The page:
Once upon a time, gout or gouty arthritis was known as the “disease of kings.” It was considered to be more prevalent among overweight, wealthy men who could afford to over-indulge in alcohol and fatty foods. While obesity and diet remain important risk factors for gout, your bank account or social class is no longer connected to the risk of developing this joint condition. The incidence of gout increases and become more than doubled between the 1970s and 2000s. Today, approximately four percent of U.S. adults are suffering from this.
Gout is a form of the joint condition that causes severe, sudden attacks of inflammation. It happens when there is too much accumulation of a chemical called uric acid in your blood. This causes urate crystals to build up in your joints and other body organs, leading to the telltale gout pain. Your body makes uric acid from the breakdown of purines, a natural substance found in your body as well as in some foods. While the diet itself is not associated with causing gout, certain drinks and foods may trigger its flares. People who develop gout usually have some genetic predisposition coupled with other risk factors such as obesity, diabetes, or kidney disease that cause uric acid to accumulate in the body.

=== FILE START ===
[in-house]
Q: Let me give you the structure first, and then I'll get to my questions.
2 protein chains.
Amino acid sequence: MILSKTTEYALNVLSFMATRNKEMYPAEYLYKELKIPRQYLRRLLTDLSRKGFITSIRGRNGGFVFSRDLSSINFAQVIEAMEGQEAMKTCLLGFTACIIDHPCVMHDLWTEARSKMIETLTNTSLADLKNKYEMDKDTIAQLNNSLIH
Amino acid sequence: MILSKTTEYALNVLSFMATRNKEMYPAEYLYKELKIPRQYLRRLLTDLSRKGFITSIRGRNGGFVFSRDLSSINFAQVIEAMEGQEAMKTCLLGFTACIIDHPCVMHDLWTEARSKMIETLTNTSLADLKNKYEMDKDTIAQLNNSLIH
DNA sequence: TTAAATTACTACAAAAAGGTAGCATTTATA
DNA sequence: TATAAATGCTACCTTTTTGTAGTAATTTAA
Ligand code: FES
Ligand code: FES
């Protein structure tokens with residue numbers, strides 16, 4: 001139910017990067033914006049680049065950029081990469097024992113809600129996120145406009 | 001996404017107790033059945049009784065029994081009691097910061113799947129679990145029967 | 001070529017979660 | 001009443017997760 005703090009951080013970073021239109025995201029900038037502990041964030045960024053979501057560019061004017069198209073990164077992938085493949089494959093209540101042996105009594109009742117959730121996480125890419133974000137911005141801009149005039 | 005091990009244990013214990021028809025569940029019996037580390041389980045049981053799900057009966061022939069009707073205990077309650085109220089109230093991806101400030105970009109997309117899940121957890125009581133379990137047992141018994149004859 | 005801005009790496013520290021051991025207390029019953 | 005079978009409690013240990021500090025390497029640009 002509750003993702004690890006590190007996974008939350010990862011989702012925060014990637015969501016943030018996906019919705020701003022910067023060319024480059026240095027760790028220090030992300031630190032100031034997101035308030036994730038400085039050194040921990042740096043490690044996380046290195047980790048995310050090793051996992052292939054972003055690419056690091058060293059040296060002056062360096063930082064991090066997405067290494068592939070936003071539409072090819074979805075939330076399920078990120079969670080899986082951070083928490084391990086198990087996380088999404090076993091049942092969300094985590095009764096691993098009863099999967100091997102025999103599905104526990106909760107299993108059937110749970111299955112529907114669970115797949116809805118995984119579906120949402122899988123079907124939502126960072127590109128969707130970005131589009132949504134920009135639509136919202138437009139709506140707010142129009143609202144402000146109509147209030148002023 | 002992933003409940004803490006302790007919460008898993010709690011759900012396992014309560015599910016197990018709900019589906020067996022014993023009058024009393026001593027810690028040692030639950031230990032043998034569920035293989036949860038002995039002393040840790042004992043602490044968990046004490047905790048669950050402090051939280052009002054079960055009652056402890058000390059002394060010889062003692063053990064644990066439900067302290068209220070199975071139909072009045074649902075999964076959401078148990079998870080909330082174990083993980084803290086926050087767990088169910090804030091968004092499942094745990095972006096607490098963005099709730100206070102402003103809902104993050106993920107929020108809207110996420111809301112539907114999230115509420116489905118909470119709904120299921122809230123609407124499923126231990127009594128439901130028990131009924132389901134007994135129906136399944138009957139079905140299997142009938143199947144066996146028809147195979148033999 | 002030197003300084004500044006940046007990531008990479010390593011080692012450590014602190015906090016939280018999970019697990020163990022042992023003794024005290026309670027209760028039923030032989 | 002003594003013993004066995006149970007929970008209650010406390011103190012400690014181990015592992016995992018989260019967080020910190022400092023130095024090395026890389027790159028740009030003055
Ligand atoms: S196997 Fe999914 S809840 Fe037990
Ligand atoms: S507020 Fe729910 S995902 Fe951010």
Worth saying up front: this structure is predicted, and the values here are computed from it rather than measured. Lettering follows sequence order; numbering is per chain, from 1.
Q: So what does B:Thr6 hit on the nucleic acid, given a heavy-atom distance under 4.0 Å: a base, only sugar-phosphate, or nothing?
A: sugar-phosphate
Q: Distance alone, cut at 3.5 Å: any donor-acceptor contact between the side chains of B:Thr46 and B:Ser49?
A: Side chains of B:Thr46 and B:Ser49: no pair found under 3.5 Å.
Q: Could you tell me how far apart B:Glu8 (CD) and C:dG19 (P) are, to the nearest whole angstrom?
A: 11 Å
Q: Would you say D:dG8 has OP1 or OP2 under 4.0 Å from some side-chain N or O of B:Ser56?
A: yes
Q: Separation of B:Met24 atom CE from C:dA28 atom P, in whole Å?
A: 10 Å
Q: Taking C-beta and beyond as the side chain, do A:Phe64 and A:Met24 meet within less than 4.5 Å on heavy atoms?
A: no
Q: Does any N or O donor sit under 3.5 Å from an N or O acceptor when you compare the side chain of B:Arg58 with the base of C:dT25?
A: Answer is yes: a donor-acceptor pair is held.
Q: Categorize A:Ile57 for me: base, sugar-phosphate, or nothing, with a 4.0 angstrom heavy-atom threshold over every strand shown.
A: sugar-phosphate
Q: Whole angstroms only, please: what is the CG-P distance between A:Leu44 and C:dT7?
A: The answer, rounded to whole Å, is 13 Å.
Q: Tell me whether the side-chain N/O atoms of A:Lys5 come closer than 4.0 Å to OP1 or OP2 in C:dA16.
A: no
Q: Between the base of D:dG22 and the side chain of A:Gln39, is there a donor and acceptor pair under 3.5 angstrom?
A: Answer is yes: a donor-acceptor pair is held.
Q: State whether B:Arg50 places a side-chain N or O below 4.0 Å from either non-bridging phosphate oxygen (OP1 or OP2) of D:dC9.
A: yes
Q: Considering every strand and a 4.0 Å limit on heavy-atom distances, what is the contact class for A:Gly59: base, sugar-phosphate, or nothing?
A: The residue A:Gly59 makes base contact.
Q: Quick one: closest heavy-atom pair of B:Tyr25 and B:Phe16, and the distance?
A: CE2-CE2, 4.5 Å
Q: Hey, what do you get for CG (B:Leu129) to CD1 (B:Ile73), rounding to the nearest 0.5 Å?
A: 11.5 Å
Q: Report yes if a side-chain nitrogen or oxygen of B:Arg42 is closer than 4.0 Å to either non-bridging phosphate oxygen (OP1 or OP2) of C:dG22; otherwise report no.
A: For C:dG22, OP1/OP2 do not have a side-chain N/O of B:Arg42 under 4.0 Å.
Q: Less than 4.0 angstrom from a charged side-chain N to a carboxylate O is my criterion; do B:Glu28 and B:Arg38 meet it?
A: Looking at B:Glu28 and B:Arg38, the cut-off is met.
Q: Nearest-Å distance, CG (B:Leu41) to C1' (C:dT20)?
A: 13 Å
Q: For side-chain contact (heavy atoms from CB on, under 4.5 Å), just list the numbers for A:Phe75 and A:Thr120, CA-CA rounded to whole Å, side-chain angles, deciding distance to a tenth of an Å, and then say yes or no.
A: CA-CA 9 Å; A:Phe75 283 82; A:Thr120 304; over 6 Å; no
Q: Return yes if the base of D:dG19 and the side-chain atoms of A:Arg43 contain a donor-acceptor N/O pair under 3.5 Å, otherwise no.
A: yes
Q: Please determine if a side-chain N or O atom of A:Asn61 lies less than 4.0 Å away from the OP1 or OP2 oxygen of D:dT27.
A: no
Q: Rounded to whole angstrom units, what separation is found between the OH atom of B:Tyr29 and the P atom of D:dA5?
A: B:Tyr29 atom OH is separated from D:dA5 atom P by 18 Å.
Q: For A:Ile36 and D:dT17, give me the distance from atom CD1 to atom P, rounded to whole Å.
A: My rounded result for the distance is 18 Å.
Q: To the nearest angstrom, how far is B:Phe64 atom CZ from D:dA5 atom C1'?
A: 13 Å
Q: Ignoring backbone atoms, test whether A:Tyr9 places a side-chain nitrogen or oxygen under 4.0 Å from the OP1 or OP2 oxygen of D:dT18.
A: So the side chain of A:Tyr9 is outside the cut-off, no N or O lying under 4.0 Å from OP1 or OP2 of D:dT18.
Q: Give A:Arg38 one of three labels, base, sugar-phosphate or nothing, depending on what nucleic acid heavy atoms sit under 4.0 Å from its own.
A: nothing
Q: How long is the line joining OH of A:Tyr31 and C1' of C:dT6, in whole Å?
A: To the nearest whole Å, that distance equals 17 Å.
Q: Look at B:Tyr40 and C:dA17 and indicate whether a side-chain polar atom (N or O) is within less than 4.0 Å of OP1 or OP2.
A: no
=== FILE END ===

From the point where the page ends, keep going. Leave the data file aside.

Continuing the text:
Although gout is more prevalent in men, women can get it too – and its incidence in them goes up sharply after menopause due to hormonal imbalance. In short, anyone can develop gout, provided his or her body doesn’t properly break down uric acid in the blood, so it has a chance to accumulate in the joints.